Even though the two teams have only met twice, Jones offered his take on the Dynamiters.

“We know their top five players are elite players,” Jones said. “The power-play unit with those five players is very dangerous. Their supporting cast, with guys like Hunt who seem to be on the scoresheet against us all the time, is very, very solid.

“They’re a hard working, well-coached team. We know them well. We’ve studied them, we’ve watched video, we just didn’t play very well tonight.”

Tuesday, March 15

Beaver Valley Nitehawks 1 at Kimberley Dynamiters 6

First Period – No scoring

Second Period1. KIM – J. Marchi, (T. Wit, J. Richter), 0:552. KIM – S. Hunt, (E. Buckley, K. Haase), 1:563. BVN – M. Pruss, (unassisted), 6:11 (SH)

Third Period4. KIM – J. Richter, (T. Wit, Ty. Van Steinburg), 3:455. KIM – E. Buckley, (J. Meier, K. Haase), 3:576. KIM – S. Hunt, (K. Haase, D. Langelaar), 7:217. KIM – Ty. Van Steinburg, (J. Meier), 14:11

Shots 1 2 3 TBeaver Valley Nitehawks 7 9 12 28Kimberley Dynamiters 14 11 8 33

Goaltenders Saves Mins SV%BVN – Tallon Kramer 27/33 60:00 0.818KIM – Tyson Brouwer 27/28 60:00 0.964

Power plays: BVN – 0/3 (00.0%); KIM – 0/4 (00.0%)Attendance: 705

Kootenay Conference Championship

Beaver Valley Nitehawks (2) vs. Kimberley Dynamiters (1)DYNAMITERS LEAD SERIES 1-0Game 1 – Nitehawks 1 at Dynamiters 6Game 2 – March 16 at Kimberley Civic Centre (7 p.m.)Game 3 – March 18 at Beaver Valley Arena (8:30 p.m.)Game 4 – March 19 at Beaver Valley Arena (8:30 p.m.)*Game 5 – March 21 at Kimberley Civic Centre (7 p.m.)*Game 6 – March 22 at Beaver Valley Arena (8 p.m.)*Game 7 – March 24 at Kimberley Civic Centre (7 p.m.)

* = if necessary; all times listed are Mountain

 

Just Posted

Kimberley Search and Rescue were able to quickly respond to a call for service and transport an injured mountain biker to East Kootenay Regional Hospital over the weekend. Kimberley SAR file photo.
Kimberley Search and Rescue respond to injured mountain biker on Bootleg Mountain

Kimberley Search and Rescue responded to a call for service this past… Continue reading

FILE – Perry Bellegarde, National Chief of the Assembly of First Nations, takes part in an event on Parliament Hill in Ottawa on Tuesday, July 7, 2020. THE CANADIAN PRESS/Sean Kilpatrick
Indigenous Peoples Day must be a ‘call to action’, says Assembly of First Nations chief

Discovery of children at Kamloops residential school site must lead to change, Perry Bellegarde says

City of Cranbrook, Ktunaxa Nation to host flag ceremony on National Indigenous Peoples Day. (Corey Bullock file)
City of Cranbrook, Ktunaxa Nation hosting flag ceremony on National Indigenous Peoples Day

A temporary road closure and speed limit reduction will be in effect during the ceremony

A tent housing a mobile vaccination clinic. (Interior Health/Contributed)
Over 5K jabbed at Interior Health mobile COVID-19 vaccine clinics

The clinics have made stops in more than 40 communities since launching last week

Provincial Health Officer Dr. Bonnie Henry talks about B.C.’s plan to restart the province during a press conference at Legislature in Victoria, Tuesday, May 25, 2021. THE CANADIAN PRESS/Chad Hipolito
Interior Health COVID-19 cases falling slower than the rest of B.C.

More than a third of provincial cases announced Thursday came from the Interior

Cranbrook Arts has opened the doors of their  new gallery space to the public with their inaugural exhibit, Kootenay’s Best.
‘Kootenay’s Best’ opens Cranbrook Arts’ new gallery

This exhibit has been in the works for the past several months and features the work of more than 50 emerging and established artists from across the Kootenays

Tokyo 2020 President Seiko Hashimoto and IOC President Thomas Bach, on a screen, speak during a five=party online meeting at Harumi Island Triton Square Tower Y in Tokyo Monday, June 21, 2021. The Tokyo Olympics will allow some local fans to attend when the games open in just over a month, Tokyo organizing committee officials and the IOC said on Monday. (Rodrigo Reyes Marin/Pool Photo via AP)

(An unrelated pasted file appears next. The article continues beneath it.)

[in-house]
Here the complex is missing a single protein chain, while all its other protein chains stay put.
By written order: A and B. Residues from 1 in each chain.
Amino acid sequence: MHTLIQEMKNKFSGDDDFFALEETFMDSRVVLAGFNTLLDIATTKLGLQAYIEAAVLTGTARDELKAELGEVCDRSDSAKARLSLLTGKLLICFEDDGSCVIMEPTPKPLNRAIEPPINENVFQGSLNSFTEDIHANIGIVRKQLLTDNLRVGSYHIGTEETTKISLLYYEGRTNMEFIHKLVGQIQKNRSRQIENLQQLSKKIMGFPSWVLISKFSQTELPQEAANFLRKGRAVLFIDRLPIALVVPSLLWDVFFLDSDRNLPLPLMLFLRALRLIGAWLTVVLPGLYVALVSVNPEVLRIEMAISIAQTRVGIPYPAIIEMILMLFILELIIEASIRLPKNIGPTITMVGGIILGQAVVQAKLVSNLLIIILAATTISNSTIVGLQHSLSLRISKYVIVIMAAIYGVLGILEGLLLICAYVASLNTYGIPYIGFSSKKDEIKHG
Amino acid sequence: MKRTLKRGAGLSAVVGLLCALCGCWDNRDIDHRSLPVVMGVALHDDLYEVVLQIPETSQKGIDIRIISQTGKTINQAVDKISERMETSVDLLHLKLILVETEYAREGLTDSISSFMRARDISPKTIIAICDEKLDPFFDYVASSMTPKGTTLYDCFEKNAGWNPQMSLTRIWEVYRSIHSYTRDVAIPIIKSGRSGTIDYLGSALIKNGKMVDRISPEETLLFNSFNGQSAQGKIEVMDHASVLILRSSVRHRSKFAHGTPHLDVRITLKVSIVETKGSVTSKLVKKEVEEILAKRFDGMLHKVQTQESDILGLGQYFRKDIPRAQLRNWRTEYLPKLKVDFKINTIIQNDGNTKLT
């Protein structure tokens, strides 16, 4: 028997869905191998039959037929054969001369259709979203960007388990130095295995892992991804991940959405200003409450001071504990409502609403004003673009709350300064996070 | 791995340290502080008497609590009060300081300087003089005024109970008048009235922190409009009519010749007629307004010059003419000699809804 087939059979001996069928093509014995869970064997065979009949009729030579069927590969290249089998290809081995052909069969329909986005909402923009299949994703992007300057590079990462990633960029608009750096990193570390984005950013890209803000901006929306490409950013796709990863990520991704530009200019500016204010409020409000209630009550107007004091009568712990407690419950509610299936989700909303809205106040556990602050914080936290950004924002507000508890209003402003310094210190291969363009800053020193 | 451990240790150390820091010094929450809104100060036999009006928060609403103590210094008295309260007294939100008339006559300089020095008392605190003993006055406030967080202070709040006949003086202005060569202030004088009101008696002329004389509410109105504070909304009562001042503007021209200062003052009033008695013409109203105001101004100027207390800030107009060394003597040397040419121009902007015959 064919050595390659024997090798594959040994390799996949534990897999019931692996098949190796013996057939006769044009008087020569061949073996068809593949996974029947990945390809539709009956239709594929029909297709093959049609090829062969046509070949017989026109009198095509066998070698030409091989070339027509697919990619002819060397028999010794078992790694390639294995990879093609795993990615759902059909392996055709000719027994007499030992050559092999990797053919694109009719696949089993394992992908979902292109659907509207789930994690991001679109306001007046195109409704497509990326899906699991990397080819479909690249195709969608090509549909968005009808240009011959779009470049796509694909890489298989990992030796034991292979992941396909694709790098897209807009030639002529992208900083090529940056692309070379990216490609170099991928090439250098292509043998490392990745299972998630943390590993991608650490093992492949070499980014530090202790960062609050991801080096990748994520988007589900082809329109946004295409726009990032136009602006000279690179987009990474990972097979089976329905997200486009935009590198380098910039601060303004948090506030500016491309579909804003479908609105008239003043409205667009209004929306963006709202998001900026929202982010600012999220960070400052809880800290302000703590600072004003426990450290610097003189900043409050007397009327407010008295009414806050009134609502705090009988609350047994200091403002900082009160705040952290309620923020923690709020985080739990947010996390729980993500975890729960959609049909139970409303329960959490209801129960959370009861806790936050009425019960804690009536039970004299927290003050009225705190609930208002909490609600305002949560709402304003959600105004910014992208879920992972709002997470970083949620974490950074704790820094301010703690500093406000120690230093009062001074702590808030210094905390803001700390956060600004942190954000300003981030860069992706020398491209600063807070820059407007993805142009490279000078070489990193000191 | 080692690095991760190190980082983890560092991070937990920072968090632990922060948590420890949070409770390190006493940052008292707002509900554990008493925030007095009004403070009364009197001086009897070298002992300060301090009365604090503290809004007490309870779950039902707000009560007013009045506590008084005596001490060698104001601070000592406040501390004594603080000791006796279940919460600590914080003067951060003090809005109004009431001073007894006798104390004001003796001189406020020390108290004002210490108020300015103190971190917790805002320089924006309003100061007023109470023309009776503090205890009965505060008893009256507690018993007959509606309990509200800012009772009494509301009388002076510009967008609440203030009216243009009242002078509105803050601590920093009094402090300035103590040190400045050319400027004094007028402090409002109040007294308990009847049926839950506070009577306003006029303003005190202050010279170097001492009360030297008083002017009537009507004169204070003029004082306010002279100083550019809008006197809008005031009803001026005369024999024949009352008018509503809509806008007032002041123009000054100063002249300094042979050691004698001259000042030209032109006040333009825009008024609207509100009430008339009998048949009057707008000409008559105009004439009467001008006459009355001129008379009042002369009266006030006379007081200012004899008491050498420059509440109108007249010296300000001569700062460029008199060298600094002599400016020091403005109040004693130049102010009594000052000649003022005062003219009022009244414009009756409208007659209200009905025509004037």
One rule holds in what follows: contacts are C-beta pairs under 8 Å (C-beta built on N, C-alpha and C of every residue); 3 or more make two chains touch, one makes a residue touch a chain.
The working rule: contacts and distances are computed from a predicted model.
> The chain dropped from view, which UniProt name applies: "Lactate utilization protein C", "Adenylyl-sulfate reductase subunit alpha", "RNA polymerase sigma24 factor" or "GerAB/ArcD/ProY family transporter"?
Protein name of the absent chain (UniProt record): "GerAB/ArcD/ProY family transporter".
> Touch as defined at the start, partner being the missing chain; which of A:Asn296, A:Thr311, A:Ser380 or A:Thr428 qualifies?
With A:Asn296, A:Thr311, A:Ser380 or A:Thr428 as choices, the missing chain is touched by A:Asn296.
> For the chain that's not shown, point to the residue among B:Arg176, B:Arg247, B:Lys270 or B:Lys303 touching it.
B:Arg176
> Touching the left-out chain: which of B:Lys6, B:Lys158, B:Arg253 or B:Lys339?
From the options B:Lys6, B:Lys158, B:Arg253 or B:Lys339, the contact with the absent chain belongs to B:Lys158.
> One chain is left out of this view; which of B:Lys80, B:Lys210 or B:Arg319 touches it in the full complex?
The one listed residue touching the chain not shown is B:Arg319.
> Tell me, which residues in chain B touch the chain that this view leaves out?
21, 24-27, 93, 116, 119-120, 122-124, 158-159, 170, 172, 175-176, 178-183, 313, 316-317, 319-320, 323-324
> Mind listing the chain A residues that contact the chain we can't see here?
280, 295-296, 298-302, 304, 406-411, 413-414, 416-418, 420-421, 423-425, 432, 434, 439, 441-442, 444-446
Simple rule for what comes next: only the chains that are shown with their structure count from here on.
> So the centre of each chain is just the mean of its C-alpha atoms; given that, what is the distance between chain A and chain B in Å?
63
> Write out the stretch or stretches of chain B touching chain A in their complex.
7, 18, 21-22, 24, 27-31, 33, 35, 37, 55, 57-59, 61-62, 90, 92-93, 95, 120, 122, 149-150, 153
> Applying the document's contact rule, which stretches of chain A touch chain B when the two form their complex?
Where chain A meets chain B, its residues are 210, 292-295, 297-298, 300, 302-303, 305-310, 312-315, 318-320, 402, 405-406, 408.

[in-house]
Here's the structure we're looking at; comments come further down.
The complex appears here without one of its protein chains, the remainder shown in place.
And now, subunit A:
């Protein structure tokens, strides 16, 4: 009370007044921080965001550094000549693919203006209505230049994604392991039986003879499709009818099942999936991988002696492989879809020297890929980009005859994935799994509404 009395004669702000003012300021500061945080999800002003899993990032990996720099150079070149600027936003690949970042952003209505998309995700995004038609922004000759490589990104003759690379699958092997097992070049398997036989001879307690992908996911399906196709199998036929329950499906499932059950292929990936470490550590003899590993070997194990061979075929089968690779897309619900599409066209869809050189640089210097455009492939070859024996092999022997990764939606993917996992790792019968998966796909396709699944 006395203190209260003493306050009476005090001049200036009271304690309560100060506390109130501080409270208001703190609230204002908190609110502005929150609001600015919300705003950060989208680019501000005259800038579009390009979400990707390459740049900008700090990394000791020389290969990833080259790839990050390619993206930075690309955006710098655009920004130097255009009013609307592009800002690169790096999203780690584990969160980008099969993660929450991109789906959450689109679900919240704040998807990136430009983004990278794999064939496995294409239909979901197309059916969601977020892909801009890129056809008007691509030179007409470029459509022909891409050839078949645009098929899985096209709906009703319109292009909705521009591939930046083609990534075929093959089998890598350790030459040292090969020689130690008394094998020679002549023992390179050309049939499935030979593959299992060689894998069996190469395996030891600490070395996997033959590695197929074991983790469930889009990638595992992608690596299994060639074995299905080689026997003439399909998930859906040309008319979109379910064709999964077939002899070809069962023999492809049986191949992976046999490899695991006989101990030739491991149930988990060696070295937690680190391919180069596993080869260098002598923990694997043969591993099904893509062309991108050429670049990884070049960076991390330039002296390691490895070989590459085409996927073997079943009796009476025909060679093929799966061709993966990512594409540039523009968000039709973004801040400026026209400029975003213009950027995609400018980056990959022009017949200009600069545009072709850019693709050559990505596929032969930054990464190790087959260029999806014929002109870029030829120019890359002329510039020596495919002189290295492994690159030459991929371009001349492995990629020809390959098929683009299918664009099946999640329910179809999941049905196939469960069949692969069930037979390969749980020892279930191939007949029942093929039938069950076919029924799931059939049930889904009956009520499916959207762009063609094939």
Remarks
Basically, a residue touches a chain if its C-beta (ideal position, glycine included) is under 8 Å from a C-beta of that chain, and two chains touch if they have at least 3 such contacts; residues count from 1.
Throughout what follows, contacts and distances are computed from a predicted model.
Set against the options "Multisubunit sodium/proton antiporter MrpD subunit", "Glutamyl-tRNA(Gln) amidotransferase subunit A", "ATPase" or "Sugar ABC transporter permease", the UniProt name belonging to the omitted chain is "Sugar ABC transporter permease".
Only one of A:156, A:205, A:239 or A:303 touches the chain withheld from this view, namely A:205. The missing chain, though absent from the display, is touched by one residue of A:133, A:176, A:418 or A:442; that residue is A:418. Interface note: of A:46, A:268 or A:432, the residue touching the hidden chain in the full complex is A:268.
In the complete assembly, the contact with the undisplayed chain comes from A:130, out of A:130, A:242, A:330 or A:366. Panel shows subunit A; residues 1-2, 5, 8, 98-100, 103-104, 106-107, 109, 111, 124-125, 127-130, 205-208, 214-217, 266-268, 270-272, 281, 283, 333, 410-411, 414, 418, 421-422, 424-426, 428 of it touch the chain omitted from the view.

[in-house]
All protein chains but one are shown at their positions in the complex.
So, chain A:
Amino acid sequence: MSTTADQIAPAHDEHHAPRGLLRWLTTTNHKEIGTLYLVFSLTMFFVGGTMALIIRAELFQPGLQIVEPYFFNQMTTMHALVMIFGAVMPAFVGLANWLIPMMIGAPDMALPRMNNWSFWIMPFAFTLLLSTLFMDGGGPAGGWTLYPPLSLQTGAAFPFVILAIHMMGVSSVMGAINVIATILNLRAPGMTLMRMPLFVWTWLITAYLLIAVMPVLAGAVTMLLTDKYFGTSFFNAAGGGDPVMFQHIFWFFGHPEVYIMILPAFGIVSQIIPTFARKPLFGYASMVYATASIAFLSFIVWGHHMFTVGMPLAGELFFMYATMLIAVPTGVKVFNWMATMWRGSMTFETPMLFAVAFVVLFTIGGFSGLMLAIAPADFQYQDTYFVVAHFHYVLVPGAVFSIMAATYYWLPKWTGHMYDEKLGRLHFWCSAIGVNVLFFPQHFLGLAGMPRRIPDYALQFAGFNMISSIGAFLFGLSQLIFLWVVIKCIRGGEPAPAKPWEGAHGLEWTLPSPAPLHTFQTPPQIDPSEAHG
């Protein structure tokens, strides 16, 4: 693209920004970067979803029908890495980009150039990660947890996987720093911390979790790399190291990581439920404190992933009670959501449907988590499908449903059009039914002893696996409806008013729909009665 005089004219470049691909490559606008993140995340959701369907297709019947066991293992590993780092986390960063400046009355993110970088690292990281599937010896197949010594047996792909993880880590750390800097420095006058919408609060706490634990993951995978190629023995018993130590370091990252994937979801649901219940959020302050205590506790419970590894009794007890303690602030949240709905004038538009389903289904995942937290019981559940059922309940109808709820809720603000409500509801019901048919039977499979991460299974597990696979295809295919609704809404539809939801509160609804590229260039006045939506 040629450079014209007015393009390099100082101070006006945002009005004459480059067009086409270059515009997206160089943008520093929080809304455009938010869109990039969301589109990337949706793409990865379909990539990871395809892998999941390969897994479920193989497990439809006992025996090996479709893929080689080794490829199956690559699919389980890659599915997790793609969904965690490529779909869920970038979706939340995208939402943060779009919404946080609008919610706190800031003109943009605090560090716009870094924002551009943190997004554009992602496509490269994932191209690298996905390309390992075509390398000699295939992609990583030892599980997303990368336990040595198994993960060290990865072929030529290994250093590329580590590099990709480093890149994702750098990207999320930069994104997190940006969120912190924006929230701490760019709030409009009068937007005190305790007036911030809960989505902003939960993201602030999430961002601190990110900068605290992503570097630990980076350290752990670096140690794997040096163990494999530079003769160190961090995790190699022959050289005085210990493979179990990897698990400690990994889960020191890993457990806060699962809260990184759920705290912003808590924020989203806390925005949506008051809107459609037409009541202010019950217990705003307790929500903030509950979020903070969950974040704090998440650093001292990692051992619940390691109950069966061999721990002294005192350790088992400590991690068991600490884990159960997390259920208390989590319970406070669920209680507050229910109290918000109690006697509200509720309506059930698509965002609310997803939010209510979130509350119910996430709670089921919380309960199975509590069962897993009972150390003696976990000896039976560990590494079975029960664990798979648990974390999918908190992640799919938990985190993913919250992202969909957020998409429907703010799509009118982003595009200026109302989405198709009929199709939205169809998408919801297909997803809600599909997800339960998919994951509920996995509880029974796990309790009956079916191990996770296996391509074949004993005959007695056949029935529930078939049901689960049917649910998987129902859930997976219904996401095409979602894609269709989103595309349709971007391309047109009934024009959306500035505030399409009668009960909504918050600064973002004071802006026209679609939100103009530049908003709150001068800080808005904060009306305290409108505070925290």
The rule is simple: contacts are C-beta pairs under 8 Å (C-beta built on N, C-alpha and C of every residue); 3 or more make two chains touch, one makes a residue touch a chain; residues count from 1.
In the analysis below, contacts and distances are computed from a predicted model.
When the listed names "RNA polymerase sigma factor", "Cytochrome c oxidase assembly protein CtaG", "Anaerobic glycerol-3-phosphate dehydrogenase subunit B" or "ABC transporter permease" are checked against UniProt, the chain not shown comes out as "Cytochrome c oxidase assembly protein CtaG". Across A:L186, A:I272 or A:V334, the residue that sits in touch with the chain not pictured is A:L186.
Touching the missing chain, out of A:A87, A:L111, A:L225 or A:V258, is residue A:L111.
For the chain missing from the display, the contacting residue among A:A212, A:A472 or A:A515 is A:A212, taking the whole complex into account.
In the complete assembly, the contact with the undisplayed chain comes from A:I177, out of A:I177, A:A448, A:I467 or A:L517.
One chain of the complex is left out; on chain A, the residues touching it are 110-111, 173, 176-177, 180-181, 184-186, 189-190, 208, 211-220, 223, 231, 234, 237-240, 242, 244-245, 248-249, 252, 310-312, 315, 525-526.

Tokyo Olympics to allow Japanese fans only, with strict limits

Organizers set a limit of 50% capacity — up to a maximum of 10,000 fans

The border crossing into the United States is seen during the COVID-19 pandemic in Lacolle, Que. on February 12, 2021. THE CANADIAN PRESS/Paul Chiasson
Border quarantine to soon lift for fully vaccinated Canadians

Eligible travellers must still take multiple COVID-19 tests

Pictured are Tyler McNaughton and Sacha Bentall. The husband and wife duo owns and operates Cutter Ranch in Fort Steele. (Zoe Ferguson Photo)
Farm Life: Where food comes from

A chat with Cutter Ranch

A portion of the George Road wildfire burns near Lytton, B.C. in this Friday, June 18, 2021 handout photo. THE CANADIAN PRESS/HO, BC Wildfire Service *MANDATORY CREDIT*
Blaze near Lytton spread across steep terrain, says BC Wildfire Service

Fire began Wednesday and is suspected to be human-caused, but remains under investigation

Blair Lebsack, owner of RGE RD restaurant, poses for a portrait in the dining room, in Edmonton, Friday, June 18, 2021. Canadian restaurants are having to find ways to deal with the rising cost of food. THE CANADIAN PRESS/Jason Franson
Canadian restaurateurs grapple with rising food costs, menu prices expected to rise

Restaurants are a low margin industry, so there’s not a lot of room to work in additional costs

RCMP crest. (Black Press Media files)
Fort St. John man arrested after allegedly inviting sexual touching from children

Two children reported the incident to a trusted adult right away

Barbara Violo, pharmacist and owner of The Junction Chemist Pharmacy, draws up a dose behind vials of both Pfizer-BioNTech and Oxford-AstraZeneca COVID-19 vaccines on the counter, in Toronto, Friday, June 18, 2021. An independent vaccine tracker website founded by a University of Saskatchewan student says just over 20 per cent of eligible Canadians — those 12 years old and above — are now fully vaccinated. THE CANADIAN PRESS/Nathan Denette
At least 20% of eligible Canadians fully vaccinated, 75% with one dose: data

Earlier projections for reopening at this milestone didn’t include Delta variant

Most Read